The Courant pushed back. Though we’re not lawyers, we know the law, and told the city’s lawyers: “Portions of the document may well be exempt under FERPA, but our request covers the segregable, non-exempt portions, which it would be illegal for the district to withhold. Is the district refusing to release redacted versions of these records?” The city’s lawyers continued to insist that every word of every document was exempt from disclosure.
But we – as the saying goes these days – persisted. And ultimately the city’s lawyers acknowledged that the law was on our side, releasing records with the names and other identifiable information about students redacted, as we had asked for all along.
Had the instinct for secrecy not been so strong when the district was investigating Genao’s disturbing behavior in 2007 and 2008, a full airing of his behavior might have forced him out of his job. A 13-year-old girl might not have been traumatized by the sexually explicit texts he is accused of sending her just last year. Genao might not be facing criminal charges in that case. And the city of Hartford, as well as the school board, school superintendent and other officials, might not be defendants in what could be a costly lawsuit.
When will they ever learn?
With this year’s divisive election leading to a divided result – with Hillary Clinton winning the popular vote and Donald Trump winning the presidency – calls are rising once again to scrap the electoral college system.
Some of this is Monday-morning griping; had the results been reversed, it would surely be Trump’s supporters suddenly aghast at the way we’ve elected presidents since the ratification of the 12th Amendment in 1804. But it is undeniable that the electoral college system is a departure from the traditional one-person-one-vote philosophy that typically guides democracies.
How big a departure? To quantify that, we measured the relative value of each state’s voters in this election by calculating how many votes for the winning candidate were required to procure each electoral college delegate.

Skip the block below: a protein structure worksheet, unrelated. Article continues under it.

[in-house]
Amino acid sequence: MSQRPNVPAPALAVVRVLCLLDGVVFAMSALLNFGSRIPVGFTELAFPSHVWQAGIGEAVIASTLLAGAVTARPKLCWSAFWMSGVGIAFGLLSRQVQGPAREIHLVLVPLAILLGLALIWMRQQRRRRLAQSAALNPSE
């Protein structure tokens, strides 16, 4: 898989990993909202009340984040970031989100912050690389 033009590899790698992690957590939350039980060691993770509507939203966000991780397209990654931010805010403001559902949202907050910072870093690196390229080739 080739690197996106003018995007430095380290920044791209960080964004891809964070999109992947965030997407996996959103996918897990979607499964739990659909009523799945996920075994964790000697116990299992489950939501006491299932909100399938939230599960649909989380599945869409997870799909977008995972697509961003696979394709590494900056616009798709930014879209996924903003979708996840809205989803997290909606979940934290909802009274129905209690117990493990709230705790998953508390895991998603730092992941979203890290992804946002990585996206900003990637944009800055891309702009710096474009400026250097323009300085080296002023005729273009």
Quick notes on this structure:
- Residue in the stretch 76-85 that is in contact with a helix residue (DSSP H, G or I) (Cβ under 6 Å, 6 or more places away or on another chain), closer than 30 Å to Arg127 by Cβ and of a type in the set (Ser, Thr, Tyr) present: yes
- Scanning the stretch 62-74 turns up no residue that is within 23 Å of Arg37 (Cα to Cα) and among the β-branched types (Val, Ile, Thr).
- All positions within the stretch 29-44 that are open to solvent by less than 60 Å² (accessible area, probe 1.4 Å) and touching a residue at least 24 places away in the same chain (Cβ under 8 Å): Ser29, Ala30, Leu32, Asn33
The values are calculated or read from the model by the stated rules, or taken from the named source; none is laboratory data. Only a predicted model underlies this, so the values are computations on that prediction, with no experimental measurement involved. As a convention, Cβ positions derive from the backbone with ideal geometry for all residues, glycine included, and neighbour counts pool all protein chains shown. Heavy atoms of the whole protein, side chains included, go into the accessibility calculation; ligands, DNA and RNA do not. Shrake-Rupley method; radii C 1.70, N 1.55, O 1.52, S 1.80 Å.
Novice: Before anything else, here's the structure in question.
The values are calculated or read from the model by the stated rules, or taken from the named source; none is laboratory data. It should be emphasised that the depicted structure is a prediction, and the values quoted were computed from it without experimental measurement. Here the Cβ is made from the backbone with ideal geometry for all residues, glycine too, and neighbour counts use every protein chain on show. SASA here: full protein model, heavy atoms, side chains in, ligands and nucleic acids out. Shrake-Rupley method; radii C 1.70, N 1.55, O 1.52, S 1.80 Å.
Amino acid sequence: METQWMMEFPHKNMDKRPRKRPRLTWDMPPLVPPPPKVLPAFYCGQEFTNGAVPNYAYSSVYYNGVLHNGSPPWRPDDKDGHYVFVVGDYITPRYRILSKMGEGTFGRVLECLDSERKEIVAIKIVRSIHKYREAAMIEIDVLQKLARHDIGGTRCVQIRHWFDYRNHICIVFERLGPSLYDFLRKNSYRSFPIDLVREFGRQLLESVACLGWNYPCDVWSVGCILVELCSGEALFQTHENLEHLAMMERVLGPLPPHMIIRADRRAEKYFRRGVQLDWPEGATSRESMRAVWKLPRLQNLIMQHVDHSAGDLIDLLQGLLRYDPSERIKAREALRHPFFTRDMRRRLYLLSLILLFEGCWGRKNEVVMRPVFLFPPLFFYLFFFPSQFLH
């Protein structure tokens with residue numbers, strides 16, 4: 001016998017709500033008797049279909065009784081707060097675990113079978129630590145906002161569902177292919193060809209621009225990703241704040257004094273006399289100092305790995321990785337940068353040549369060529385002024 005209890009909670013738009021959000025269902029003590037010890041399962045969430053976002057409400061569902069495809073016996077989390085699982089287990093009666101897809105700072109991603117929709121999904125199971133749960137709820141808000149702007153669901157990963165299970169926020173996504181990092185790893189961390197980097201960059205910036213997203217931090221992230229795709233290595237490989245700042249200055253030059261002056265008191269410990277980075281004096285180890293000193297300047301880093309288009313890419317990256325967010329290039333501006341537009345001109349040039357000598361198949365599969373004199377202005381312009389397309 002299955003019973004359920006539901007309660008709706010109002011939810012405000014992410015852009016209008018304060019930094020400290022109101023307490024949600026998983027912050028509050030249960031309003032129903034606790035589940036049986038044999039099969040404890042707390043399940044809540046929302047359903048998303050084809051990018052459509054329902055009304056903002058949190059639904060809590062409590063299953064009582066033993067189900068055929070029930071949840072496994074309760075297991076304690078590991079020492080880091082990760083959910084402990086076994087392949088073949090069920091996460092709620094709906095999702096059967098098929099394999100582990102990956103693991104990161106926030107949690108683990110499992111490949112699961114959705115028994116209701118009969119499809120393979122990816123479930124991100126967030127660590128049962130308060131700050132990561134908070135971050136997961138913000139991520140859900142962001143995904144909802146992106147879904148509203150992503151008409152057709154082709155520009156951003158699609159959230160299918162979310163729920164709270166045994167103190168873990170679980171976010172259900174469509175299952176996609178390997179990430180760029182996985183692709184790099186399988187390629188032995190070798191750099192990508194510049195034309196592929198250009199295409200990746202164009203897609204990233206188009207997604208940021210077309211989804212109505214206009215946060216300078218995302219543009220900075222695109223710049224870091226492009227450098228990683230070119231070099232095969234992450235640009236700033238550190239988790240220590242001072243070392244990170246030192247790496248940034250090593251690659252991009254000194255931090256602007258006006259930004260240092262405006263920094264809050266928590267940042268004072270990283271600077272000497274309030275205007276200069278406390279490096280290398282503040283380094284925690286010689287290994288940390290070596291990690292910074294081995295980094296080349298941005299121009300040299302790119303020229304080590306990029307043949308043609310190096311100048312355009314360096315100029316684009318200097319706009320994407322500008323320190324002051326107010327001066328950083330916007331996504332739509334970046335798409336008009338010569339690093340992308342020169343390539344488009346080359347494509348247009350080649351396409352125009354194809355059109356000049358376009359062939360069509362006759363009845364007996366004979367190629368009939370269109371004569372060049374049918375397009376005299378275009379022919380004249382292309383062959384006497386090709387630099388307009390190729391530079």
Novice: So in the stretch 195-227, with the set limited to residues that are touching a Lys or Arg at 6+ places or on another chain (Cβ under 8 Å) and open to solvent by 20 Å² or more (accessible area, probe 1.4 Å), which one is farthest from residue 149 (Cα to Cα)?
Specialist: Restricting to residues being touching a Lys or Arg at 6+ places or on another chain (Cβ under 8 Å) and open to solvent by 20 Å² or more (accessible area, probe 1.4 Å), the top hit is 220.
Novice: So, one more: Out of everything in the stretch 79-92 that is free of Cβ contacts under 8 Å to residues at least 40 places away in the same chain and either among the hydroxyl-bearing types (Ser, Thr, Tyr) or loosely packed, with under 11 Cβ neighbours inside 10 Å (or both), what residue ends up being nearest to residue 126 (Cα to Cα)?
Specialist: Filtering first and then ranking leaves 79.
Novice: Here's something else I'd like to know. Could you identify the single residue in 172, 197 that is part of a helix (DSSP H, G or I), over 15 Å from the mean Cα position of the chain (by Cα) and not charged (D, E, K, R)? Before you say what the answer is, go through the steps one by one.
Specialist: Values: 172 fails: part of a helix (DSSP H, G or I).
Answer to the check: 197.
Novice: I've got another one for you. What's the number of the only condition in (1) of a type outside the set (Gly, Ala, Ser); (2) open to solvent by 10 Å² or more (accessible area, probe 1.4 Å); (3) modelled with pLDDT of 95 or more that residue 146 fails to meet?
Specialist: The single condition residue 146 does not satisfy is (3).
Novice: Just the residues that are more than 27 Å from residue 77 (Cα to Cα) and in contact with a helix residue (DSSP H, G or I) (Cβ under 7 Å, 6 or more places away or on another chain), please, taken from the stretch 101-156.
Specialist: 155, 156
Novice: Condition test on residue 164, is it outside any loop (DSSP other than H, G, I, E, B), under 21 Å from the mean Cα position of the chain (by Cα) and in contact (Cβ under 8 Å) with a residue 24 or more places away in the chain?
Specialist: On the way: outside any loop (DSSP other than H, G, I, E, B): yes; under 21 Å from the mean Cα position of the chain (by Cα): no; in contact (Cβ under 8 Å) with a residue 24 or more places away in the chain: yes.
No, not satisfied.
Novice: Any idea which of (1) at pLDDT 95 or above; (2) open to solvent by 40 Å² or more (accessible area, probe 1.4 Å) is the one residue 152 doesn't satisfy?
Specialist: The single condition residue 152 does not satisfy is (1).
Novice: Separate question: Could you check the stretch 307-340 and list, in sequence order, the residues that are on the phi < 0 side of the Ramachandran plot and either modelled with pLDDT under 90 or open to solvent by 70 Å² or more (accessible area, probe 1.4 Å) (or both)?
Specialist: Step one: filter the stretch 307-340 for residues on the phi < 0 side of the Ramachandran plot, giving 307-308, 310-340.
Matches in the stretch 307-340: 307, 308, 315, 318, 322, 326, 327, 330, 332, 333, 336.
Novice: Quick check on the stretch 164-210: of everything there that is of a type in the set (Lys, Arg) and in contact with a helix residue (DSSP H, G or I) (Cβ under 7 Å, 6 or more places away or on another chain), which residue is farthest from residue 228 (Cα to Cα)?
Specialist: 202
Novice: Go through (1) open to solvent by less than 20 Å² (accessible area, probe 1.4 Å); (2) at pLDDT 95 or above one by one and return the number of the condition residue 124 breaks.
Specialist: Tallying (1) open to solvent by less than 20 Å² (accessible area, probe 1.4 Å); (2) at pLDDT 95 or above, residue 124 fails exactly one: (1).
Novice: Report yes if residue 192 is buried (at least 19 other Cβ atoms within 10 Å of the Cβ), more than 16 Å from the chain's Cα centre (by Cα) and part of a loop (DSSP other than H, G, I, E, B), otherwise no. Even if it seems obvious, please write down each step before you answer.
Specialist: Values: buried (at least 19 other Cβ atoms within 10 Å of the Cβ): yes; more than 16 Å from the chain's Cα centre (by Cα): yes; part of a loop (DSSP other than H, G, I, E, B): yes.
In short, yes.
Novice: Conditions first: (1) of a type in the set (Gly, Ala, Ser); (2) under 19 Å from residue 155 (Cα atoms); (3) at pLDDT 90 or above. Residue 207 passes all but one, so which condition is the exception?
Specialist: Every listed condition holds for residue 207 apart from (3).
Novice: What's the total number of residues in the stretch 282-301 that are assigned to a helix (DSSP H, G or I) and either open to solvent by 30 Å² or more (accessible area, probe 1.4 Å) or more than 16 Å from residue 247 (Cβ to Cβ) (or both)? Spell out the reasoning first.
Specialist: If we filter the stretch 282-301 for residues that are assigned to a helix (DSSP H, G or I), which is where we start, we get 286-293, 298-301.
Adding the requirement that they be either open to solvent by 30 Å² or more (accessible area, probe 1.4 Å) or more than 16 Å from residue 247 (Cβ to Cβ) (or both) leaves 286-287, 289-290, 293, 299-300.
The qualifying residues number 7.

Three factors affect the weight of a particular state’s voters:
Voters in small states have an advantage – because delegates are assigned based on the number of each state’s representatives and senators in Congress. Representatives are apportioned based on population, but every state has two senators regardless of population. So, for a tiny state with a single representative, adding two more delegates triples the number of electoral college votes for that state – thereby tripling the potential power of its voters. But in a huge state such as California, with 53 representatives, the addition of two more delegates increases its electoral college power by only a few percent.
Voters in states with low turnout relative to population have an advantage – because the fewer votes cast, the more weight each individual vote carries. The electoral college delegates are assigned based on a state’s total population. So in states with low voter turnout – either because of below-average voter eligibility or below-average voter registration or simply because residents didn’t go to the polls – those who do cast ballots carry more weight than voters in high-turnout states.
Voters in states where the margin of victory was narrow have an advantage – because the victor in each state (with a couple exceptions), wins 100 percent of that state’s delegates whether that candidate swept 80 percent of vote or won with a tiny plurality. So the closer the race, the smaller the number of votes for the winner. And the smaller the number of votes, the more weight each vote carries.